Adirondack Chronicles 2019.5: The Circle of Life
I watched the loon nest for eleven days, from July 3 to the 14th, and lo and behold, on the 11th day the chicks emerged and started swimming immediately! That little guy above is meeting its other parent for the first time, and they went off together into the marsh and then the big lake beyond. Loons take up to 28 days to hatch, so I must have started watching the middle of the cycle.
You may remember this story began when I heard a loon calling out somewhat frantically as I passed by an outlet near Horseshoe Lake, and as I came upon the scene a rather large eagle was perched close to the water where a loon was swimming in circles and calling out.
At that time I surmised the loon was protecting a nest, and sure enough, over the next few days, she was steadfast in tending her eggs.
As I observed the loon, I made some assumptions that now were clearly incorrect — the big one being that the mate was missing. The loon seemed all alone. On several occasions, I saw her leave the nest, eggs untended, and she swam far out onto the lake, and I thought perhaps she was abandoning the eggs — but the next morning, she would be there. One day while I was watching the loon brooding on the nest, I heard a loon call far out on the lake and saw, at a great distance, a second loon splashing about. And then, as soon as the eggs hatched, the second loon showed up!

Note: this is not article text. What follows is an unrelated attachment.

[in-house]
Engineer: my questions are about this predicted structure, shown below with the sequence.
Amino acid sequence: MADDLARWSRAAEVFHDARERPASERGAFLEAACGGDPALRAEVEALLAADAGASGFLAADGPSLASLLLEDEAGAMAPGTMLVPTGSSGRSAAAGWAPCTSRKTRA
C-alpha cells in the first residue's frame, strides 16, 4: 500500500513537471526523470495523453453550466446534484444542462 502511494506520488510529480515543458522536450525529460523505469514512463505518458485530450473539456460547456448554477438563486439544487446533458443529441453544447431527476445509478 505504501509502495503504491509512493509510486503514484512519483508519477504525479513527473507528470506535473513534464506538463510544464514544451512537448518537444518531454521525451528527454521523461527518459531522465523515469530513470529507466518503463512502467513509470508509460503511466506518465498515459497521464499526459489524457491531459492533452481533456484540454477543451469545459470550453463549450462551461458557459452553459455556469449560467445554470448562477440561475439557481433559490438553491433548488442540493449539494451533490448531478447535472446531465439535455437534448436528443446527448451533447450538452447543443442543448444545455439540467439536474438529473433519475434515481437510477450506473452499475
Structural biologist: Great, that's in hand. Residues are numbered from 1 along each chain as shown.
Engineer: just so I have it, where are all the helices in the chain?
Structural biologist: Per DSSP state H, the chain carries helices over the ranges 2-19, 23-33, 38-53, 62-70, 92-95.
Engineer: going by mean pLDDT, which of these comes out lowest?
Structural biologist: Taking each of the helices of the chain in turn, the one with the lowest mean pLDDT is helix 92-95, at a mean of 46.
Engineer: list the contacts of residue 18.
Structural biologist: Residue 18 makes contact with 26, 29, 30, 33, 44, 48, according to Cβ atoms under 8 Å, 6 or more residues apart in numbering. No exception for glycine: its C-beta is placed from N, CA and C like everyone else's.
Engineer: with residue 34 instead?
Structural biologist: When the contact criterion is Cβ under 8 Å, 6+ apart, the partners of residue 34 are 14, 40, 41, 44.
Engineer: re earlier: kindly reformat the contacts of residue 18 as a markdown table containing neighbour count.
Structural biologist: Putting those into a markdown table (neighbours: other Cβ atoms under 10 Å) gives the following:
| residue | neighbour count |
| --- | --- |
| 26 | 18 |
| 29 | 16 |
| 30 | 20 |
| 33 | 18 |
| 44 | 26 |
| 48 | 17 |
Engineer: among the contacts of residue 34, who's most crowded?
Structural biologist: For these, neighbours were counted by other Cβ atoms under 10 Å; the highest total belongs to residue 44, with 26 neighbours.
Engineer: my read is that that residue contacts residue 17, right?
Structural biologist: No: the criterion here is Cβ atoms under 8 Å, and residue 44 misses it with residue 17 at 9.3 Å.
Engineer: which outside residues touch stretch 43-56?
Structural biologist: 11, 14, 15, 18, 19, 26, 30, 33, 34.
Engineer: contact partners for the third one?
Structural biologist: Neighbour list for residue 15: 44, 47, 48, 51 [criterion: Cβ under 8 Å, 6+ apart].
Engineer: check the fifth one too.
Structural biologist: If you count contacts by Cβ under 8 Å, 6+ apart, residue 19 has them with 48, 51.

Now, I don’t want to ascribe gendered behavior too much — perhaps both loons swapped being on the nest and I didn’t see that, and perhaps the duck on the nest above is male. Who knows, but the photo does lend itself to a meme question, “Where have you been and did you bring dinner?” The loon on the nest has the chicks under her wings — she gathered them in after they took a little swim on their own:
Meanwhile, the missing parent showed up all proud and gloating about the new babies….
And promptly took off to show one of the babies how to make it in the wild:
This scene is repeated in lakes all over the Adirondacks at this time of year. The loon chick and parents below were on Bear Pond near Tupper Lake:
Loons will tend to their young for about twelve weeks, and then as fall approaches the young are on their own and the parent loons fly off to winter on the ocean, returning to the nests in the spring to start all over again. The circle of life continues!
Next: Bears and Bees!